Moscow court upholds prison term for Kremlin critic Navalny
Another court also convicted Navalny on defamation charges - part of a slew of cases he has faced since returning to Russia from Germany last month after a poison attack he blames on the Kremlin.
In the first hearing on Saturday, Judge Dmitry Balashov dismissed Navalny's appeal of a decision to imprison him for violating the terms of a suspended sentence on embezzlement charges he says were politically motivated.
Navalny, 44, was ordered on February 2 to serve two years and eight months in a penal colony for breaching his parole terms while he was in Germany recovering from the nerve agent.
The anti-corruption campaigner appeared in court inside a glass cage for defendants, wearing a plaid shirt, smiling and flashing the V for victory symbol.
In a closing address that often broke from his usual sarcastic tone, Navalny referenced the Bible and said he had no doubts about his decision to return to Russia.
"The Bible says: 'Blessed are those who hunger for righteousness, for they will be satisfied,'" he told the court.
"I have no regrets that I am back."
He also quoted from a character in the Harry Potter books, saying it was "important not to feel alone" because that was what the series' villain Voldemort wanted.
He described the legal process to jail him as "absurd" and called on Russians to take action to make the country a better place.
"Russia should be not only free, but also happy," Navalny said.
Prosecutors said Navalny had acted as if he was above the law and had "an exclusive right to do as he pleases".
The judge did decide to count six weeks Navalny was under house arrest as part of the time served, so he will now be imprisoned for just over two-and-a-half years.
Hours later another judge convicted Navalny of defamation for calling a World War II veteran a "traitor" for appearing in a pro-Kremlin video.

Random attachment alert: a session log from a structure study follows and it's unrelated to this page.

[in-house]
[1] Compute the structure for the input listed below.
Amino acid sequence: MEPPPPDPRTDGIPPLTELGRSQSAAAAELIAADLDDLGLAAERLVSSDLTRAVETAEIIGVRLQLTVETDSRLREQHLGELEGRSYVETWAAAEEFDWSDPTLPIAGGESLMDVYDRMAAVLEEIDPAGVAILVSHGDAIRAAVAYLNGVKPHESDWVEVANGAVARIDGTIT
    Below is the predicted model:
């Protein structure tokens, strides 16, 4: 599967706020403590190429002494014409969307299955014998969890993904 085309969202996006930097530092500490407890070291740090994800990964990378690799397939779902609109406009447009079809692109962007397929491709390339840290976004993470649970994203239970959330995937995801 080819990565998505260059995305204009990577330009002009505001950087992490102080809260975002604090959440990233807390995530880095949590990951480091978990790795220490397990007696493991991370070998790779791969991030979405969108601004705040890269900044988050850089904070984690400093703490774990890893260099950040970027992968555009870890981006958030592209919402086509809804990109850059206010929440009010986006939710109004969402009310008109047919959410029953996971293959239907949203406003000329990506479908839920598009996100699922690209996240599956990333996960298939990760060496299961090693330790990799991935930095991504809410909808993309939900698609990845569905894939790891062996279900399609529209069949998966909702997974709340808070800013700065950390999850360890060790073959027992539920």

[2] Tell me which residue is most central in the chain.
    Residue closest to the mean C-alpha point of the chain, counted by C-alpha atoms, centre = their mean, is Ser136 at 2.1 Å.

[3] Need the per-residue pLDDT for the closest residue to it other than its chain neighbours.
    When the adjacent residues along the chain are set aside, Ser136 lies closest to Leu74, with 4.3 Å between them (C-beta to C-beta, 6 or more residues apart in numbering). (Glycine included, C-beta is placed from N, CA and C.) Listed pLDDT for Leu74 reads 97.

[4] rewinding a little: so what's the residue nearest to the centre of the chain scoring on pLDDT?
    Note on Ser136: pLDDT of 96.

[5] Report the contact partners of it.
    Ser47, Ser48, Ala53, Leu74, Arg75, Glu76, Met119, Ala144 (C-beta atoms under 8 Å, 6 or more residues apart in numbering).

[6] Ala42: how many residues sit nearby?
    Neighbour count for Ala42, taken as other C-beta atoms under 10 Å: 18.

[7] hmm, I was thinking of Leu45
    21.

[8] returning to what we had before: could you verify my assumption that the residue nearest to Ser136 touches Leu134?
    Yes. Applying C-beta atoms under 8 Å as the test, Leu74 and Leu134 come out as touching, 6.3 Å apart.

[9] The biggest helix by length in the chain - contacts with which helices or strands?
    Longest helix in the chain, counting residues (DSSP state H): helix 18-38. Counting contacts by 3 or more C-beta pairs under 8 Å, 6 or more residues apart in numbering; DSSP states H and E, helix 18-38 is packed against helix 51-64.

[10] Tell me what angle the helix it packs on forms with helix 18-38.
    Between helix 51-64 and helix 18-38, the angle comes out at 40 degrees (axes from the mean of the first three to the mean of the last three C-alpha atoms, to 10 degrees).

Judge Vera Akimova ordered him to pay a fine of 850,000 rubles ($11,500/9,500 euros).
The 94-year-old veteran appeared in a video that Navalny derided for promoting constitutional reforms, passed last year, that could allow President Vladimir Putin to stay in power until 2036.
The defamation was widely covered on state television and Navalny accused Russian authorities of using the veteran as a "puppet" to try to discredit him.
"One day of this trial costs much more than the veteran got in the last four years from the very state that dares to claim it cares about veterans," Navalny said.
Supporters of the outspoken opposition figure say the cases are a pretext to silence his corruption exposes and quash his political ambitions.
The Kremlin said it had nothing to do with Navalny's court cases and that the decision to reject his appeal would not alter Russia's political landscape in the run-up to parliamentary elections later this year.
"Political life will be rich and multifaceted," Putin's spokesman Dmitry Peskov said.
Western pressure for release
Russia has come under increasing Western pressure to release Navalny since he was detained on arrival at a Moscow airport in January.
He had spent months recovering in Germany from the attack with Novichok that saw him fall ill on a Siberian flight in August. Russia has repeatedly denied involvement.
His arrest last month sparked large demonstrations across the country while the European Union threatened to impose new sanctions on Moscow.
Read also: Kremlin critic Navalny decries 'mockery of justice' at hearing
More than 10,000 people were detained at the protests, with many of Navalny's allies now under house arrest, and his team has said there will be a break in demonstrations until later this year.
Europe's rights court ruled this week that Russia must immediately release Navalny, a motion swiftly brushed aside by the justice ministry.
EU foreign ministers, who are considering fresh sanctions over Navalny's arrest, are due to meet with two top Navalny aides in Brussels on Sunday.
Agencies contributed to this report.